Nvidia reveals new centralized autonomous driving platform

nvidia autonomous driving
NVIDIA DRIVE Thor, the company's next-generation centralized computer for autonomous and assisted driving and in-car infotainment, is shown in a handout image obtained September 20, 2022. Courtesy of Nvidia/Handout via REUTERS

(Reuters) – Chip giant Nvidia on Tuesday unveiled its new computing platform called DRIVE Thor that would centralize autonomous and assisted driving as well as other digital functions including in-car entertainment.

Nvidia, a big player in the gaming chip and artificial intelligence (AI) market, has been making a big push in the automotive business, a key growth segment for the company.

Danny Shapiro, head of Nvidia’s automotive business, said DRIVE Thor would be able to replace numerous chips and cables in the car and bring down the overall system cost. However, he did not give specific numbers on savings.

“You can imagine a tremendous savings in terms of cost, in terms of reduced cabling, in terms of reduced weight, in terms of reduced energy consumption overall,” Shapiro said during a briefing session.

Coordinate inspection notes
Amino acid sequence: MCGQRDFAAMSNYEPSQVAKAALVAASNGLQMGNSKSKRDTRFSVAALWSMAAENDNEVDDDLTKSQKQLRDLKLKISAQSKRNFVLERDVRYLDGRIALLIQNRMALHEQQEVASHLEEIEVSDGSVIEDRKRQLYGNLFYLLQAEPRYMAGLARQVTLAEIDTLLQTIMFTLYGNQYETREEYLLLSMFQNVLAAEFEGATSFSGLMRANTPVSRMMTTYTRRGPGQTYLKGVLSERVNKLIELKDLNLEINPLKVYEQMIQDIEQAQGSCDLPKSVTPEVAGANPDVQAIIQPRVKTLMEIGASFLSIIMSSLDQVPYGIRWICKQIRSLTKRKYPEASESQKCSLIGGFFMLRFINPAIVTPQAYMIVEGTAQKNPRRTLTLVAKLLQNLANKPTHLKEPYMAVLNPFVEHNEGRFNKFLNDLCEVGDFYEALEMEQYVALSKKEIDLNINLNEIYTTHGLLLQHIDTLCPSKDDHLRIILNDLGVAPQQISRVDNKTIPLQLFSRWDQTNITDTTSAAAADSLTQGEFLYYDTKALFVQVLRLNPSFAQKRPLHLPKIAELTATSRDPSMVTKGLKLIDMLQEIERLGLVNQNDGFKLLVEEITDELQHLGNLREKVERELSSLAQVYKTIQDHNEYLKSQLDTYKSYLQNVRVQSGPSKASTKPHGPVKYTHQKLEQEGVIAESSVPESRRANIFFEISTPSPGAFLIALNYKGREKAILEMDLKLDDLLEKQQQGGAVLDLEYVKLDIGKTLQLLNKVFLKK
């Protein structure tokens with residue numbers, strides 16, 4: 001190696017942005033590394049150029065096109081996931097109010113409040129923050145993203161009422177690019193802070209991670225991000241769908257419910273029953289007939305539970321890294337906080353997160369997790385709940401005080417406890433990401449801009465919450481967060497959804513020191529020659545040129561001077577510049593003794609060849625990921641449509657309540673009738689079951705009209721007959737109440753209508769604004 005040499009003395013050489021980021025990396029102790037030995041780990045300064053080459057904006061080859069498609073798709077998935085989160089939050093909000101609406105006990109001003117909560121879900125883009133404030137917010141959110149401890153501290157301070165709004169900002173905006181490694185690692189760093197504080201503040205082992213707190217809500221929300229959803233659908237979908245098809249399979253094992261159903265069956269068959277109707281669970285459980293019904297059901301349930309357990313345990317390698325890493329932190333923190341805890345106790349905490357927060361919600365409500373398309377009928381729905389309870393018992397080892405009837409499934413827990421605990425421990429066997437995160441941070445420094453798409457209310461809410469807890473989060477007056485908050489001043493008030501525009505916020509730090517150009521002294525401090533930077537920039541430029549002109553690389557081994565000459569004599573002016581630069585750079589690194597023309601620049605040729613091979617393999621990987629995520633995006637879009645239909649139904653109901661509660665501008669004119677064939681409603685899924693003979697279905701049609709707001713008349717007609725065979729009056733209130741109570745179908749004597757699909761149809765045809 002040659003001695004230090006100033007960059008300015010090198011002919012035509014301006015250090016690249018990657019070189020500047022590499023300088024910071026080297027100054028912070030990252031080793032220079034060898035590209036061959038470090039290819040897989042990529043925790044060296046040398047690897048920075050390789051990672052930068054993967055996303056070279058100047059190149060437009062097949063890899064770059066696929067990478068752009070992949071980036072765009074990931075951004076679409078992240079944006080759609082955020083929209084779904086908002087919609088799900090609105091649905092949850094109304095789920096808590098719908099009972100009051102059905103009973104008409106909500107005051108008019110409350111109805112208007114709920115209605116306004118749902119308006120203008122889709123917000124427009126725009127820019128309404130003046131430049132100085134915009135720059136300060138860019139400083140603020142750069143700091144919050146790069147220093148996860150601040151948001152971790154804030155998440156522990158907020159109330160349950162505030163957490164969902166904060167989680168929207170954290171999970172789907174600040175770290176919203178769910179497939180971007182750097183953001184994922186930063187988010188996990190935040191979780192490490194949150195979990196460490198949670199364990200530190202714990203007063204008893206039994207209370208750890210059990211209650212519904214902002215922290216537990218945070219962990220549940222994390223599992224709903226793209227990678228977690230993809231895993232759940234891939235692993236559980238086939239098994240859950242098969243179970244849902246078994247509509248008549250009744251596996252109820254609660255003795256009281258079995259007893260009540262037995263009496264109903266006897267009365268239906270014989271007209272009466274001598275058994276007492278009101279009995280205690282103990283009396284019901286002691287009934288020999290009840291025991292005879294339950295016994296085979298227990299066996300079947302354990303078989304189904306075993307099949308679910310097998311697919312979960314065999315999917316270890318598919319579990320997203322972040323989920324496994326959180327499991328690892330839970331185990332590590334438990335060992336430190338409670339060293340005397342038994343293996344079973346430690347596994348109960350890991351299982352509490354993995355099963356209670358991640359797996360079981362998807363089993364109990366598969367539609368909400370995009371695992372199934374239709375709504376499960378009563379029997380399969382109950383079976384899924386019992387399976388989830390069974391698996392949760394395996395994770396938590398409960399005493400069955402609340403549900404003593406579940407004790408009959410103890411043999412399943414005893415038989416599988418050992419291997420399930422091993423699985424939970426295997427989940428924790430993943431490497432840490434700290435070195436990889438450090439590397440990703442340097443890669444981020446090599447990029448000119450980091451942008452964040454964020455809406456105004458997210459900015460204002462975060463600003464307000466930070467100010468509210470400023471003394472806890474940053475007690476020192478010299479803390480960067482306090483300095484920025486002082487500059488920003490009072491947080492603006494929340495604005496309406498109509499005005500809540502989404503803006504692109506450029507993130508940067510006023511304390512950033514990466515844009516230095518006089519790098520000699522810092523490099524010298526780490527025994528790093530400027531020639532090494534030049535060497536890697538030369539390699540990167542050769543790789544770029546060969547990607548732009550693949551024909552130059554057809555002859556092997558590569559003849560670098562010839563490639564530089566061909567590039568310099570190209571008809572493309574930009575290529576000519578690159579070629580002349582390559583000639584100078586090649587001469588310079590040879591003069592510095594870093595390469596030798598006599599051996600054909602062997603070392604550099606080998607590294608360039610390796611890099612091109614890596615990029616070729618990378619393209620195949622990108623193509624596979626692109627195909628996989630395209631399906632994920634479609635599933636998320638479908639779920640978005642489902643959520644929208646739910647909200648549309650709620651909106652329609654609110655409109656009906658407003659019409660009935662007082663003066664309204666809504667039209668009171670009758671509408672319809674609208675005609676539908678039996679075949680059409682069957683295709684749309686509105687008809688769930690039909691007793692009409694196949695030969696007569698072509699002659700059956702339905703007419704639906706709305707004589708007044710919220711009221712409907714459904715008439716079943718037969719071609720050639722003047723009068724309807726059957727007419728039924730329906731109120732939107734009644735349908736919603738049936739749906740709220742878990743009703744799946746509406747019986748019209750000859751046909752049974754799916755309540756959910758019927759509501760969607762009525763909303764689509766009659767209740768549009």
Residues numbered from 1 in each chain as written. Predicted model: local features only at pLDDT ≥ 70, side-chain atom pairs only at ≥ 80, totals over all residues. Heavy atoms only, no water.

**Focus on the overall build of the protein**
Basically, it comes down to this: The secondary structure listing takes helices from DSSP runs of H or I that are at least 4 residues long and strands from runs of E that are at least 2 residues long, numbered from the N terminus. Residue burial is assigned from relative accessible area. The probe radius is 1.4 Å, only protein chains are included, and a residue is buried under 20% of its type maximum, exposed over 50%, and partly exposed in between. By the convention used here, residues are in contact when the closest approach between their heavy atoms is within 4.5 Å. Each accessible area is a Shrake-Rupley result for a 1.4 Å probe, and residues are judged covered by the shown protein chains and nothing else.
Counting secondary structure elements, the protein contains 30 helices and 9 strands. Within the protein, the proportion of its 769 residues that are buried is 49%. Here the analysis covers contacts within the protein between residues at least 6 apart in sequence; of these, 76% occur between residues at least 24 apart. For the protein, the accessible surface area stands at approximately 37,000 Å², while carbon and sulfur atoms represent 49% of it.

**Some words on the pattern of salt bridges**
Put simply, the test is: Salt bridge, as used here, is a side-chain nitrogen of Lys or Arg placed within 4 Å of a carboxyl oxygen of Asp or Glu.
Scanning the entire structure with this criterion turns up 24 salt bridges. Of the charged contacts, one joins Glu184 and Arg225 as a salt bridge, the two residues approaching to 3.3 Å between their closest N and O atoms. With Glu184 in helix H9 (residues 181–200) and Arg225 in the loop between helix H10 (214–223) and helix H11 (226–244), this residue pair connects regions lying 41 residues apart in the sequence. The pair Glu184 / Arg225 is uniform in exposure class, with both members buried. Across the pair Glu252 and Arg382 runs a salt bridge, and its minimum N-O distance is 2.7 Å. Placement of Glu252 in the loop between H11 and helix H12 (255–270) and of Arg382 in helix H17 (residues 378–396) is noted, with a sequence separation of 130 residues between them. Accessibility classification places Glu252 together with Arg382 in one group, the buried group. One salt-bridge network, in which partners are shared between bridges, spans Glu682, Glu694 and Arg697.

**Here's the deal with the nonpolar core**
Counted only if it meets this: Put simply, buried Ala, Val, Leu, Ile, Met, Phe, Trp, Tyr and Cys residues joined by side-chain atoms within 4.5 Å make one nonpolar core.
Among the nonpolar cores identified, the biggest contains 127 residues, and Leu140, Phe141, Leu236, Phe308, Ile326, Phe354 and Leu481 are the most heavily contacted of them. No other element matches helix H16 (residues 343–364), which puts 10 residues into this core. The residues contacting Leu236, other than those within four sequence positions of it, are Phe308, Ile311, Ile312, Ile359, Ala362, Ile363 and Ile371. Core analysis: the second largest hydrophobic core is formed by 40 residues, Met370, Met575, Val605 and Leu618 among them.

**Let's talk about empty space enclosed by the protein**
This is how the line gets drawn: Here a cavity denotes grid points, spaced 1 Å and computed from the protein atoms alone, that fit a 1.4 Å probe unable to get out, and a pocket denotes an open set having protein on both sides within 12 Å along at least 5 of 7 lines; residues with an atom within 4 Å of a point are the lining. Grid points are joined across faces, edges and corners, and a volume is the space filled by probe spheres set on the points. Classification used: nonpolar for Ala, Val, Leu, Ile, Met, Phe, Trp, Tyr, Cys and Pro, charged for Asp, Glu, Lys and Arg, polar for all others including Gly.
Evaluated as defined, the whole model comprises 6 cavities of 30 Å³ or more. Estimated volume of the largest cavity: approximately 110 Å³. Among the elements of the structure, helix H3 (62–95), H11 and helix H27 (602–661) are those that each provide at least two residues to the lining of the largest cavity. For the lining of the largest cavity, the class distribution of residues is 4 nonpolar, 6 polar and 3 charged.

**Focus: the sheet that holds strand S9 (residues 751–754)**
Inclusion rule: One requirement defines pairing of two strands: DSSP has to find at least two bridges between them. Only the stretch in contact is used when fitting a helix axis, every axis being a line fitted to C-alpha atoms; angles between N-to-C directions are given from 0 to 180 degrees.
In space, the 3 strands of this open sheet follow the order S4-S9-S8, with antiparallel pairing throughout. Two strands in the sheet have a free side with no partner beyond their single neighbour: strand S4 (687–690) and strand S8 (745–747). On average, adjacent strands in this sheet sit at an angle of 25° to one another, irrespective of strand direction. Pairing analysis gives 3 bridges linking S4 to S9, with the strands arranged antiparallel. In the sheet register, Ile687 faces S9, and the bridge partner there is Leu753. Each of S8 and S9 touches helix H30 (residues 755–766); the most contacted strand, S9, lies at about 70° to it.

Automakers want to design their own chips

Some automakers have begun work on designing their own chips to gain more control and cut costs.

General Motor’s autonomous driving unit Cruise last week said it had developed its own chips to be deployed by 2025. It currently uses Nvidia chips.

The first customer Nvidia announced for DRIVE Thor is China’s Geely-owned ZEEKR.

Shapiro said its current computer system called DRIVE Orin will be used in Chinese car company XPeng’s new smart SUV and Chinese autonomous driving startup QCraft.

Can Nvidia sell DRIVE Thor to Chinese automakers?

But this comes amid worries about whether Chinese customers would be able to continue to access Nvidia technology with a recent US ban on exports of two top Nvidia computing chips for data centers to China.

“There’s a lot of companies doing great work, doing things that will benefit mankind and we want to support them,” Shapiro said. “In the cases where we do have product for the data center that has some export restrictions, we’re working with those Chinese customers to come up with a suitable alternative product.”

(By Jane Lanhee Lee and Joseph White; Reporting By Jane Lanhee Lee; Editing by Himani Sarkar)

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